Single: Maledictis ‘Delicta’ on 4 March 2022.

Immersing into delicate flute melodies, a haunting choir, and dynamic metal instruments, “Delicta” is the powerful new single from Gothic chamber metal project, Maledictis. The brainchild of John Marszalkowski, Maledictis emerged as a means to collaborate with musicians around the world during the COVID-19 quarantine, releasing the debut self-titled EP in December of 2020.

Unlike the previous release, which was recorded remotely, the new single embraced the ability to record in person with talented musicians in a stunning setting. A number of the instruments were recorded at Calvary Presbyterian Church in downtown Milwaukee, the Gothic architecture of the building dictating the nature of the atmosphere created by the reverberations. The recording also diverges from the traditional string quartet using a ‘choir’ of cellos instead, making use of the instrument’s wide range. “Delicta” is a song about betrayal told from the point of view of the betrayer who acknowledges their fault and accepts their consequences. Opening with a striking flute melody, the track builds with brass, cello, and a choir chant being gradually layered to produce a compelling sound comprised of multiple harmonies. The heavy instrumentation enhances the orchestral elements by adding a powerful layer beneath the soaring melodies.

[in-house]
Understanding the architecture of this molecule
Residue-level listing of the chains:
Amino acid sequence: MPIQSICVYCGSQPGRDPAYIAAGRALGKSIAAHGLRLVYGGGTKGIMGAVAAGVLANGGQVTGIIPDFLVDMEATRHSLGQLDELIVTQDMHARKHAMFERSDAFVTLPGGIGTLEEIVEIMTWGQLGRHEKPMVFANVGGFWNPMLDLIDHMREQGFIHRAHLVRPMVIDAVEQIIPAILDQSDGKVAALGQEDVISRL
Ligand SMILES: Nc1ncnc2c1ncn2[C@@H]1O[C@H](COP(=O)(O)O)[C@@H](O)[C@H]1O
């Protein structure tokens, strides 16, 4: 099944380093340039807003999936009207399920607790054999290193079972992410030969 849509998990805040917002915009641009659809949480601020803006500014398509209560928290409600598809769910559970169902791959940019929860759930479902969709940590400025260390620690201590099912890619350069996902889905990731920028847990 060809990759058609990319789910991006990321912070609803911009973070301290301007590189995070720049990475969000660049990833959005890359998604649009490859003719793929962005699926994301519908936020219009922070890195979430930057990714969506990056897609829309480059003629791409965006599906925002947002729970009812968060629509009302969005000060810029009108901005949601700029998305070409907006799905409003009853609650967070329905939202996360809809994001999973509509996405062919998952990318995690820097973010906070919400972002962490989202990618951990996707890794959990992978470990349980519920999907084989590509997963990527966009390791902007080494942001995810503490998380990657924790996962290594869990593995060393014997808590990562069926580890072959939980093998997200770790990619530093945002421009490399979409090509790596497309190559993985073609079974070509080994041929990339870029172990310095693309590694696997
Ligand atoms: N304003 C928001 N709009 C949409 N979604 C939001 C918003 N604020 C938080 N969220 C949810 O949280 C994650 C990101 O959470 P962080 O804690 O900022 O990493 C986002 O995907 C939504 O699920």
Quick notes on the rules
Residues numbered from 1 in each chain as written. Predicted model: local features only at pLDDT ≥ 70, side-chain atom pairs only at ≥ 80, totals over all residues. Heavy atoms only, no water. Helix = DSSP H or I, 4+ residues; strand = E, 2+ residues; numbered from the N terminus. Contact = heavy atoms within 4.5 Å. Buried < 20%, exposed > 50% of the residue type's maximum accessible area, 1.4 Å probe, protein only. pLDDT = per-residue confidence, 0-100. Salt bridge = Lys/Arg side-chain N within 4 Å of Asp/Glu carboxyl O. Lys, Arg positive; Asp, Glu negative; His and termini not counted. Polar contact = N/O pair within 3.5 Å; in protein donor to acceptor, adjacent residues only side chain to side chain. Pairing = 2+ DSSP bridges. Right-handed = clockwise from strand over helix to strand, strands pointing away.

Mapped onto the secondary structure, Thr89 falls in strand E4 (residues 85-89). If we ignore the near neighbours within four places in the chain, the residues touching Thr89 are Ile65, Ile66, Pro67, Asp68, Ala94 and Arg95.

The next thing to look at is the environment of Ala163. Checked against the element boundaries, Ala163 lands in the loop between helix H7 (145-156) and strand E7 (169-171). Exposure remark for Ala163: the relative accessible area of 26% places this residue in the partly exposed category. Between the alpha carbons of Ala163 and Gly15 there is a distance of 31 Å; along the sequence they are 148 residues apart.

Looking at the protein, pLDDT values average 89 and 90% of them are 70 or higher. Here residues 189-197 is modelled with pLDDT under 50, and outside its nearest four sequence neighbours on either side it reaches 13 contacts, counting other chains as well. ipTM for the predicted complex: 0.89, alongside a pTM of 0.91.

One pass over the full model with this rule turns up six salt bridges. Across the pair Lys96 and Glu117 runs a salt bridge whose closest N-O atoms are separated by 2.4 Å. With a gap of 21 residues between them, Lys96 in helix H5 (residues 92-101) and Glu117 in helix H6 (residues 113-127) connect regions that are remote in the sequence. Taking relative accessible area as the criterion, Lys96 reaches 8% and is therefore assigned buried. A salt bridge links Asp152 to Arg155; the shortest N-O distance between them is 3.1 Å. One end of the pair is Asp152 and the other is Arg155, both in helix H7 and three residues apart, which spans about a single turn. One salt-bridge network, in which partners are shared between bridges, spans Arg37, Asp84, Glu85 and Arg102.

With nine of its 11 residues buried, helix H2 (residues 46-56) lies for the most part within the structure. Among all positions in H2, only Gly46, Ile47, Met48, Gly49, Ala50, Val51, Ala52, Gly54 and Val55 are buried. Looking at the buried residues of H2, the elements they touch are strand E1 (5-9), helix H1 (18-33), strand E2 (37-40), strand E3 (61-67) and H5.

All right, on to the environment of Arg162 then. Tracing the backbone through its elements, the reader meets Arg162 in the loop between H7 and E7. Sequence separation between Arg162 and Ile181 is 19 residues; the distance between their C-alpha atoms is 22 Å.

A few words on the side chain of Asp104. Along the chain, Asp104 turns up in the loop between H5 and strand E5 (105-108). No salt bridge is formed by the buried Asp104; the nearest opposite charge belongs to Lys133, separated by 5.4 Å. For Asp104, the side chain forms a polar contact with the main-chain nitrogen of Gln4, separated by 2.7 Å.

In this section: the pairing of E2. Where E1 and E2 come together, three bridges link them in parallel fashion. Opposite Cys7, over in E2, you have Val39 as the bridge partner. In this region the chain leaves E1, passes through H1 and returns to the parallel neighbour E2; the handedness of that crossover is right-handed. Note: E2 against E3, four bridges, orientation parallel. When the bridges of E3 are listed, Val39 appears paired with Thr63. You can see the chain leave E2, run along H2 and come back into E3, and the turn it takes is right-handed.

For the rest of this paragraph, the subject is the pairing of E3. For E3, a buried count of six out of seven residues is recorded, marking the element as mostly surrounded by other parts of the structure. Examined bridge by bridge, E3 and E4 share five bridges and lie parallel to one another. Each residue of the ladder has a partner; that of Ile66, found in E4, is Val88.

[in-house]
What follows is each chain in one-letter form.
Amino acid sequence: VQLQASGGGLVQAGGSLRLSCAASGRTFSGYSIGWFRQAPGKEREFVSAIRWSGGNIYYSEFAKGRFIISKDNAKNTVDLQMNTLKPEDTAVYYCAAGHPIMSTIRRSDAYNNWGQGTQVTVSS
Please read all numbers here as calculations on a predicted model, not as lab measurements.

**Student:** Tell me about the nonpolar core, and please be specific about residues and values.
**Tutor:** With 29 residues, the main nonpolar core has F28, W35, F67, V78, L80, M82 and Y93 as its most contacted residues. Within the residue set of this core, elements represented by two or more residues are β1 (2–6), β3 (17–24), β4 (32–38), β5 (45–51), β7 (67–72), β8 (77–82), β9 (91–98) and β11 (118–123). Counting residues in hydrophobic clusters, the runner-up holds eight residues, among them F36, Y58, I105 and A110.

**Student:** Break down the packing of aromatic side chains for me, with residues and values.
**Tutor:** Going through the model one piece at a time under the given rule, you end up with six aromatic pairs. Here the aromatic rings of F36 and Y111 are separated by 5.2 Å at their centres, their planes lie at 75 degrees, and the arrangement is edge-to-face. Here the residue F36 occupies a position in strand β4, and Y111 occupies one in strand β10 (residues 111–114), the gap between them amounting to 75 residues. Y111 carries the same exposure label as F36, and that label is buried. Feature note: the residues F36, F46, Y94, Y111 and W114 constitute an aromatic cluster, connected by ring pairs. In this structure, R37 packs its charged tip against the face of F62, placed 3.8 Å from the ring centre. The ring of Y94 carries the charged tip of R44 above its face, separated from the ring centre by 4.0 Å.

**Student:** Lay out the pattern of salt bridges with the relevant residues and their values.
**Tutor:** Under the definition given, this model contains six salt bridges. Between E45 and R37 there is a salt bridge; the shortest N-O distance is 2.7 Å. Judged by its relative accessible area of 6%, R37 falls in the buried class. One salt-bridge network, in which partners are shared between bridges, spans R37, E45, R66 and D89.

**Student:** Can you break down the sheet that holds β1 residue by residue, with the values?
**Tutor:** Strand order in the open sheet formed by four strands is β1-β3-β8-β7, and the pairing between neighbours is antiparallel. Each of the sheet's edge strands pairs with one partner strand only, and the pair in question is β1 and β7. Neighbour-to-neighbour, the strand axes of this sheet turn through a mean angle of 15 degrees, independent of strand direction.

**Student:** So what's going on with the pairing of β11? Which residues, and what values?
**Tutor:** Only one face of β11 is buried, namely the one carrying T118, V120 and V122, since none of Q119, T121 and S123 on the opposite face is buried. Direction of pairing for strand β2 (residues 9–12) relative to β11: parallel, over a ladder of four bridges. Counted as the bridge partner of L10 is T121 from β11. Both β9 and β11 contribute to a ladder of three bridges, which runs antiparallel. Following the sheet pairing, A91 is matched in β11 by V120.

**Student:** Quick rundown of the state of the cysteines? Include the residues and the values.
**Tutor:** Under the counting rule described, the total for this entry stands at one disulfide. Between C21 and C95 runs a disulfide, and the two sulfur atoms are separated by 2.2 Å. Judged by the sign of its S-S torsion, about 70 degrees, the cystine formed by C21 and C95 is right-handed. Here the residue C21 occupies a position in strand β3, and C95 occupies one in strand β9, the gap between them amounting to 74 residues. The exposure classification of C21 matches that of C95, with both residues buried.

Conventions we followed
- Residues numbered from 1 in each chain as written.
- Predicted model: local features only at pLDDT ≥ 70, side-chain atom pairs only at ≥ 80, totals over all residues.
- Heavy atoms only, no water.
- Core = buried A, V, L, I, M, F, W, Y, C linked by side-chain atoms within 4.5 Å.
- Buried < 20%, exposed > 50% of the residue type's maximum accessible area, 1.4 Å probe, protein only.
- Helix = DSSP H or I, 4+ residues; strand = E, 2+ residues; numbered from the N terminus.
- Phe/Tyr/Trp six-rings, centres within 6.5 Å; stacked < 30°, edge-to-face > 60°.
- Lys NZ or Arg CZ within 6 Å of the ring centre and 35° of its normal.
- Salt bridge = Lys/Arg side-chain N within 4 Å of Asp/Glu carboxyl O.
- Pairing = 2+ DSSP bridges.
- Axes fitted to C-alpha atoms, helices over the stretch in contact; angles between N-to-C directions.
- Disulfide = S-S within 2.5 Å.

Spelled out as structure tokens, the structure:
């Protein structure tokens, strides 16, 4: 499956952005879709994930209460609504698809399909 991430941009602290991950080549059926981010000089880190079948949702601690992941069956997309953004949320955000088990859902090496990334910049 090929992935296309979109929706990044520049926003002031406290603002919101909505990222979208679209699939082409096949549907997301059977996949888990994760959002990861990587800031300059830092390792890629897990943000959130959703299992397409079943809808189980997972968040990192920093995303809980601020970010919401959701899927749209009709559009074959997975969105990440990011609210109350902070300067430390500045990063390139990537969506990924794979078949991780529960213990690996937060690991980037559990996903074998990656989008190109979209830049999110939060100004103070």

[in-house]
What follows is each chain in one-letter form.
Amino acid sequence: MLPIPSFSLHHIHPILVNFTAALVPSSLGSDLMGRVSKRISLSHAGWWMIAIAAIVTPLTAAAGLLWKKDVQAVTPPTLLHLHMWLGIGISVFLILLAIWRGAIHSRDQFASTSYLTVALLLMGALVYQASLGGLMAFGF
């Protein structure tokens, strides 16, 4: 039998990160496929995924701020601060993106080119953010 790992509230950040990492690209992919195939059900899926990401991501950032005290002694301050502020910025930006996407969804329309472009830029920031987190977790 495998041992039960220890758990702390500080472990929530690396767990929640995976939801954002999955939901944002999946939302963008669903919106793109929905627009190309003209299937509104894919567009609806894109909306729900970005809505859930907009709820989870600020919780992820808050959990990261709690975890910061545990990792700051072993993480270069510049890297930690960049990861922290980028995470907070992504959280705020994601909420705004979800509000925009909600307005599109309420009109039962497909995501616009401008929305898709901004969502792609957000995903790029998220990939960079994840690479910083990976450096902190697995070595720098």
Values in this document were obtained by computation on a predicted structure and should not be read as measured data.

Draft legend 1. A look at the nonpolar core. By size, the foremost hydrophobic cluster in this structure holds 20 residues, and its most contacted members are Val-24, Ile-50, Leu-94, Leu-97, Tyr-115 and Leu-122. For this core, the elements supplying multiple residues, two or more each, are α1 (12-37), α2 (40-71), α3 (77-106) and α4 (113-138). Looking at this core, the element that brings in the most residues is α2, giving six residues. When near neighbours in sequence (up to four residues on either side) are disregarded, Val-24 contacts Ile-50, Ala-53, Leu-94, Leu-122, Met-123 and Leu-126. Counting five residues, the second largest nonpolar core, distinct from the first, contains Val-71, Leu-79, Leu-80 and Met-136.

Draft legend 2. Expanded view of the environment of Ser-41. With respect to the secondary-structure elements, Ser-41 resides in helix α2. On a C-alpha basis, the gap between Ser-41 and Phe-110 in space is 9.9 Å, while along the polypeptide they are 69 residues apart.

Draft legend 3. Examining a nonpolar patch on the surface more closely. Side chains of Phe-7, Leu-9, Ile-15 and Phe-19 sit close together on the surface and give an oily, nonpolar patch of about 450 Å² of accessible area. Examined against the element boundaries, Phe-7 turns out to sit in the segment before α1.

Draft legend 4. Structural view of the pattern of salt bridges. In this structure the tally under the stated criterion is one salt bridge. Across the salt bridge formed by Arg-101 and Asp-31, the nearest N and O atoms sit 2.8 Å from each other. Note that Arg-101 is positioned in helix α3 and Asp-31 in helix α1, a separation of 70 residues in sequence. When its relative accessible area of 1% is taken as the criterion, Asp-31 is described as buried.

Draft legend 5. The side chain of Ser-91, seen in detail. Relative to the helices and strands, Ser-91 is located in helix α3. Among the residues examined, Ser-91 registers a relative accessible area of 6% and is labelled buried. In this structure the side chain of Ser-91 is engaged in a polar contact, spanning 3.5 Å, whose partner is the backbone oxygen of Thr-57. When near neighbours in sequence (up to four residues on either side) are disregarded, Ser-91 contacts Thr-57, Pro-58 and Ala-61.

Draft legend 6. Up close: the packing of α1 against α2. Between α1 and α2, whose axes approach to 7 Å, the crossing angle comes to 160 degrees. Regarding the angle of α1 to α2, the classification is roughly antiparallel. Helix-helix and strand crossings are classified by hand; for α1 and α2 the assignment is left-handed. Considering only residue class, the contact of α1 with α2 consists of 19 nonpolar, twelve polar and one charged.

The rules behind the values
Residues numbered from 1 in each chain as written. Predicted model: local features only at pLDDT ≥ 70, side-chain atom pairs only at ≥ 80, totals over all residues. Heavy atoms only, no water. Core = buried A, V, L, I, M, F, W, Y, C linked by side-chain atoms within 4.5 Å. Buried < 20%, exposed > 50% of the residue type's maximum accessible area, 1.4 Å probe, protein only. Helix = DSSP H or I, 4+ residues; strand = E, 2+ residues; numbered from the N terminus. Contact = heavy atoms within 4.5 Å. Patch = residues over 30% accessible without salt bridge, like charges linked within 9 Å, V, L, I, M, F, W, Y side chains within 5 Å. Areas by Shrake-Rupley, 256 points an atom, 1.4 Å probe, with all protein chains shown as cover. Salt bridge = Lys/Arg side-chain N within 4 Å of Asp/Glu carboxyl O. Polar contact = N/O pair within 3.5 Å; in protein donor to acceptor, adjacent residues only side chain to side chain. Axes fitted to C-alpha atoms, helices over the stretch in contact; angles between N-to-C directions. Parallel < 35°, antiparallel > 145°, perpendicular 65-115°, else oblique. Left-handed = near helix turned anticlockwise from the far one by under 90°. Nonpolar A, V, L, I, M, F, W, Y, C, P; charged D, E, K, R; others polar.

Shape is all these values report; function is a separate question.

“Delicta” is an enchanting experience, delving into the powerful dynamics of orchestral instruments and adding a distinctive twist through unconventional recording techniques. It’s a thrilling celebration of heavy music with a delightfully Gothic focus.

Credits: Lead Vocals-Mariangela Demurtas / Piano, Organ, Guitar, Bass-John Marszalkowski / Flute-Emelia Rudd / French Horn-Allison Emm / Trumpet-Tim Tyson / Cello-Ian Wasserman / Drums-Matthew Kopf / Choir-Julia Varandas, Kate Stenson, Claudia Peri, Caroline Misokane, Rafaela Martinelli, John Tyson / Lyrics & Music by John Marszalkowski / Mixed and Mastered by Shane Olivo at Shane Olivo Audio (Cudahy, WI) / Recorded and edited by John Marszalkowski